Wednesday, October 15, 2014


Electric power is the bane of India: politicians of all colours use to to bribe voters and make money; as a result, power is expensive and unreliable - a major reason for India's uncompetitiveness. Suresh Prabhu was one of BJP's more rational and honest ministers; no wonder he left before he could make a difference. This column was published in Business Standard of 27 March 2001.


Suresh Prabhu looks incongruous in the company he keeps. He wears a shirt and trousers; no billowing dhotis, no technicolour drapes, no floppy sandals, no orange waistcoats, no swanky turbans for him. The only telltale sign that betrays his provenance is an occasional, carelessly smeared-on red dot. He is also much younger than his venerable colleagues; in our gerontocracy, he and Omar Abdullah look as strange as Sushma Swaraj would in a fashion parade.

He is a Shiv Sainik. That is the party of the foul-tongued Bal Thackeray, the rowdy party that within five years managed to wreck the finances of Maharashtra, India’s richest state – something it could not have done altruistically. So it is quite a surprise to meet Prabhu trying to lay down the law to unruly state governments.
The ministry that he heads has been the seat of some of the most blatant corruption. For the modus operandi, read the Jain diaries; they allege equipment suppliers giving fat commissions to power ministers and bureaucrats. And although we cannot be sure just why he wanted to do so, Prabhu’s immediate predecessor, Rangarajan Kumaramangalam, wanted to give out orders for power plants on a scale never before dreamt of. So if Prabhu were to follow tradition, he would be able to wreck the power PSUs as decisively as his party did Maharashtra government.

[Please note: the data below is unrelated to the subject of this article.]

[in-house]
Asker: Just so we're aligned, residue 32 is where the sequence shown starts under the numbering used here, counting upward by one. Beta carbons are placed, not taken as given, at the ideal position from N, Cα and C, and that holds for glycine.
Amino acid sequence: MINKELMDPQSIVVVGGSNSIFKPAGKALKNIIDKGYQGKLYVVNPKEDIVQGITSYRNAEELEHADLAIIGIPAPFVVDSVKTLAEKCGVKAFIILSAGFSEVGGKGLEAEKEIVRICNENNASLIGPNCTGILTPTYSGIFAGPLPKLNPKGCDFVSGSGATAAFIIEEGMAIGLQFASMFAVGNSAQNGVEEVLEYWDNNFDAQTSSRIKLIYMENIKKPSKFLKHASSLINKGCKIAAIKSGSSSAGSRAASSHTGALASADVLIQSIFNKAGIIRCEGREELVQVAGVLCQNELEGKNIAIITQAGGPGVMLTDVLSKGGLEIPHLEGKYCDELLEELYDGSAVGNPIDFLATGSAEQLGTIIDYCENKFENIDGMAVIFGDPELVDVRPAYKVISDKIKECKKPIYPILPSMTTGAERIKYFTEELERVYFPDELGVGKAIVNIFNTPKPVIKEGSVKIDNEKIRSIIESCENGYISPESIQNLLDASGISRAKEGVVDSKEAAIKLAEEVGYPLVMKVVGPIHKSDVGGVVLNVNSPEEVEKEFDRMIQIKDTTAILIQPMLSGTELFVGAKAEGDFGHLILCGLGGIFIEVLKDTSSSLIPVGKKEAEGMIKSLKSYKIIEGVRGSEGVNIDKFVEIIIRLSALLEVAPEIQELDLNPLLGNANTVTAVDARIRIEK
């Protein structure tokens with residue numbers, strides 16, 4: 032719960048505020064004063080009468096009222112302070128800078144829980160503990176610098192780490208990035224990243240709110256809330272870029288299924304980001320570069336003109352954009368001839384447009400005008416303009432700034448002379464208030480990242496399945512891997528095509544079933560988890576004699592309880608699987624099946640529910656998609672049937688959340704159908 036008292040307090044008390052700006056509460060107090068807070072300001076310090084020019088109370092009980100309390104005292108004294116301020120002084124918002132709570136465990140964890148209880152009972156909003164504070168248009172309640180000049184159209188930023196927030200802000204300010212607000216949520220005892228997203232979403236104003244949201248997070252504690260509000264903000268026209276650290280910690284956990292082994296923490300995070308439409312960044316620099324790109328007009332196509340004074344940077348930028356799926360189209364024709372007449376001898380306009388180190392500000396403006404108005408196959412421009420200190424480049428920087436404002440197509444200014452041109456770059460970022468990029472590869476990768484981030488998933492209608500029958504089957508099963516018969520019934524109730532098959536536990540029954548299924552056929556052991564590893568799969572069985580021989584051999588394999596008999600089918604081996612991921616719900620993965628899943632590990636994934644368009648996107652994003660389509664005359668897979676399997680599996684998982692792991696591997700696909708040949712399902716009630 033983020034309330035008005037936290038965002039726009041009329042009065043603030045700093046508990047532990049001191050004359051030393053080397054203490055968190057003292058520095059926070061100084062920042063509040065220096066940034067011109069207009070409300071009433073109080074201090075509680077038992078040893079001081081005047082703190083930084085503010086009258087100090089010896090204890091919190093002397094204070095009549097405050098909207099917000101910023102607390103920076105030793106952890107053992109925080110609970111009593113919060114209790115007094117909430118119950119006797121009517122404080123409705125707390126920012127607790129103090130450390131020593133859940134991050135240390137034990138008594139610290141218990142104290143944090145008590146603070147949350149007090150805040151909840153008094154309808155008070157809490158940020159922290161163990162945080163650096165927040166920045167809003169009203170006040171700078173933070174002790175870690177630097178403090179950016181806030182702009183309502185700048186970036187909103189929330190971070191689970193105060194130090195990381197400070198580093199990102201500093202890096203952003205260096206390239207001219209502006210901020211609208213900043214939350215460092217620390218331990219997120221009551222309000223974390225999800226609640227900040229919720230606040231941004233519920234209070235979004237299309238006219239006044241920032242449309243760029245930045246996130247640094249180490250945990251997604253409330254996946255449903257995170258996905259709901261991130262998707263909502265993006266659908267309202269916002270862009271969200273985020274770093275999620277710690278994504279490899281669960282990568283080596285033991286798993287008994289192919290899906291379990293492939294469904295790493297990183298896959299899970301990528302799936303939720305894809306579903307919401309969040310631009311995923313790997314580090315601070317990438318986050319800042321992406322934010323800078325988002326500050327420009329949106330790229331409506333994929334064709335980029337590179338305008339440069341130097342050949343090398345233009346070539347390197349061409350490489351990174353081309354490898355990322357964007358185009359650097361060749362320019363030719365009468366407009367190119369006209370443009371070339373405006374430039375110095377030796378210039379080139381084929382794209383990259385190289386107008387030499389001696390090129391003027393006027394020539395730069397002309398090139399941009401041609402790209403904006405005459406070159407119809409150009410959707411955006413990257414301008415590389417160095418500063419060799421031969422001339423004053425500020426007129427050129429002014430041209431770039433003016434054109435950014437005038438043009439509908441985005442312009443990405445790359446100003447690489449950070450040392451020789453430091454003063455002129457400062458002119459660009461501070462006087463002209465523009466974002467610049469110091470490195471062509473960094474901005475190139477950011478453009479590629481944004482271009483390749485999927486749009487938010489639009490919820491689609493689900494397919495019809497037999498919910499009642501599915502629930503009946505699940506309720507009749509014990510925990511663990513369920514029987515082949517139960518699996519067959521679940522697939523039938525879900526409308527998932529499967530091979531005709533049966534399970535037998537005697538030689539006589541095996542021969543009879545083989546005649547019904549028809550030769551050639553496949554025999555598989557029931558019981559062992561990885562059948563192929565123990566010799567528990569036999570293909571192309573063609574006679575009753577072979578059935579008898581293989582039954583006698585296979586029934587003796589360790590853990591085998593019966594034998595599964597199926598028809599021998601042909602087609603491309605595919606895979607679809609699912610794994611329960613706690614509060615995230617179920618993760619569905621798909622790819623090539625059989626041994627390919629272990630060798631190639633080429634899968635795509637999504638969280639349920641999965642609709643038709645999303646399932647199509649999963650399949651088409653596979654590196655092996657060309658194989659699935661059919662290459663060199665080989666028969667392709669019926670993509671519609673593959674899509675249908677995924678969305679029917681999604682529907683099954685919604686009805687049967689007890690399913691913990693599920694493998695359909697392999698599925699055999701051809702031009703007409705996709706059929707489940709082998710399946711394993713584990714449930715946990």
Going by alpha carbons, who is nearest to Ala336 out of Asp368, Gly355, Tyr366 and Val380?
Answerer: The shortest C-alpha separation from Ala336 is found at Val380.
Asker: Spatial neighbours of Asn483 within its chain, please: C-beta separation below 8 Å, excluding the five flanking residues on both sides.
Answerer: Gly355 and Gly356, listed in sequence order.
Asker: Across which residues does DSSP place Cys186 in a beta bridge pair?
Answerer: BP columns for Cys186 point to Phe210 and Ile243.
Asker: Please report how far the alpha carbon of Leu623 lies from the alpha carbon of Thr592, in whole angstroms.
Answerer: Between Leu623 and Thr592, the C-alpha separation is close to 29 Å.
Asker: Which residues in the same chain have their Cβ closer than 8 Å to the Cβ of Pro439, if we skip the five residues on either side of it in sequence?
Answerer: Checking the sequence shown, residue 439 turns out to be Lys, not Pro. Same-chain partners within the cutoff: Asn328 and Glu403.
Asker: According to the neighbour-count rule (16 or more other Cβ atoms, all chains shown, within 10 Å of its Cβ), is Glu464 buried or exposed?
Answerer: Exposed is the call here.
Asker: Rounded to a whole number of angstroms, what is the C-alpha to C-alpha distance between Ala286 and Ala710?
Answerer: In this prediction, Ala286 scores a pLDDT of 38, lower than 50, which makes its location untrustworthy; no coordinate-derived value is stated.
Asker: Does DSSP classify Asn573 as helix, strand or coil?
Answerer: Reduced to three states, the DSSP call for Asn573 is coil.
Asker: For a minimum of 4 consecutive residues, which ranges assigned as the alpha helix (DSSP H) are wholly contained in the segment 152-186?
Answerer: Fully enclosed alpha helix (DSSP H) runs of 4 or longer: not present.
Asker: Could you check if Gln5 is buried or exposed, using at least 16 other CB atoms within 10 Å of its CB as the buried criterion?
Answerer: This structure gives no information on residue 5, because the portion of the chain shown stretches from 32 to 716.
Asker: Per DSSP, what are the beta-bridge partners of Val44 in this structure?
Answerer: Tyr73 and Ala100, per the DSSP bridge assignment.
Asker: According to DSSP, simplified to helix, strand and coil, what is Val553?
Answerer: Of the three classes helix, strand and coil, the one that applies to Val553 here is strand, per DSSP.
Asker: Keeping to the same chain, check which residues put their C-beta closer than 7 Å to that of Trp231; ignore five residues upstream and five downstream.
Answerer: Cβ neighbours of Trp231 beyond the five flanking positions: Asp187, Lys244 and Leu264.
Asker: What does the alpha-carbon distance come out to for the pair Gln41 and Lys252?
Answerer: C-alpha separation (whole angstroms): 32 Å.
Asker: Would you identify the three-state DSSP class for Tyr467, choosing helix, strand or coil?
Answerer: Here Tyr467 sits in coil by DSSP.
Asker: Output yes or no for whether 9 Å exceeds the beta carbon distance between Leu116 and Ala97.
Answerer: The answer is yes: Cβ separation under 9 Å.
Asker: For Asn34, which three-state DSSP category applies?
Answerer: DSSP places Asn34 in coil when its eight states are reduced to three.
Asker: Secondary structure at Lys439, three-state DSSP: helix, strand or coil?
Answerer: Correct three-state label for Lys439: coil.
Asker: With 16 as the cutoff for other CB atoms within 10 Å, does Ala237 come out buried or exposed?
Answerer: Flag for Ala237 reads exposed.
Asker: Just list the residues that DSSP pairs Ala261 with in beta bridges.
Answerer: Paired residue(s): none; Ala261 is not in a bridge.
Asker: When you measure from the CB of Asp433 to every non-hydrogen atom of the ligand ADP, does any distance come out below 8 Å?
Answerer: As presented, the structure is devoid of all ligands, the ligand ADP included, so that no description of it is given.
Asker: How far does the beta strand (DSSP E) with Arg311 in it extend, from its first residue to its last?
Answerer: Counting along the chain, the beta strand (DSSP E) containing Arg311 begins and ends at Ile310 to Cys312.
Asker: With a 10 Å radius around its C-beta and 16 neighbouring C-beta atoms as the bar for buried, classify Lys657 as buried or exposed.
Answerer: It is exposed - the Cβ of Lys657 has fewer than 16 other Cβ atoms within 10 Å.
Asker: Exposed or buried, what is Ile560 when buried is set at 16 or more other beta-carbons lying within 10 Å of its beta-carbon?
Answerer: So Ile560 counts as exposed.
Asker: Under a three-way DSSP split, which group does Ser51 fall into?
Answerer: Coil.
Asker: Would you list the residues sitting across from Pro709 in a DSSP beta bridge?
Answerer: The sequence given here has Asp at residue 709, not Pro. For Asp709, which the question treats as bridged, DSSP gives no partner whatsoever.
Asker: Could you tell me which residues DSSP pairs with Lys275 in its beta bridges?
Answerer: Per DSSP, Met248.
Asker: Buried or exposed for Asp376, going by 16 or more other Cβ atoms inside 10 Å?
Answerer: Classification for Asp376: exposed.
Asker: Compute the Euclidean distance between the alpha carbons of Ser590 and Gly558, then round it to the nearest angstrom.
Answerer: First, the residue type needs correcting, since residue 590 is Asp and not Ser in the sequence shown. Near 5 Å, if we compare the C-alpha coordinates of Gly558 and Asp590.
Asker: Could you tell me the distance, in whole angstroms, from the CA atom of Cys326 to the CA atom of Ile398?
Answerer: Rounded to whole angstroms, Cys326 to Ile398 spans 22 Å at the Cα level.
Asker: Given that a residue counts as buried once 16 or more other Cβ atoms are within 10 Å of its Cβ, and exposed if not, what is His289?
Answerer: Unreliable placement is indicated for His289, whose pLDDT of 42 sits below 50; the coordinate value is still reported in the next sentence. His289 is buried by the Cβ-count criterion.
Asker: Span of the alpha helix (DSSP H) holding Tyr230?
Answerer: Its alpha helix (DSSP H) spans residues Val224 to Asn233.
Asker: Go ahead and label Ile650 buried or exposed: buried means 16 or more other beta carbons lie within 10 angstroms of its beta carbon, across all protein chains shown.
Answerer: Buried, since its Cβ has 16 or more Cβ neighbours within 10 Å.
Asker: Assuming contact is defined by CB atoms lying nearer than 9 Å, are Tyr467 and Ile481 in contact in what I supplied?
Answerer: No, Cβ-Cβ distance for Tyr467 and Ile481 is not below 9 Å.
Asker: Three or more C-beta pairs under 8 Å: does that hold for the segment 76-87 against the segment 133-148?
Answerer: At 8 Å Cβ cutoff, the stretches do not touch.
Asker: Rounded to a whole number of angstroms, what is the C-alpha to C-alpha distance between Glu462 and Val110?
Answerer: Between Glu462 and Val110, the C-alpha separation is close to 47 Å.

But instead, Prabhu has taken on the mantle of a reformer. He says that the state electricity boards are bankrupt, and he wants to restore their financial health. According to him, distribution is the key. The SEBs must meter all connections, and begin to charge all consumers. Next, they must begin to earn enough to meet their obligations. To this end, he is trying to make state governments sign memoranda of understanding with his ministry.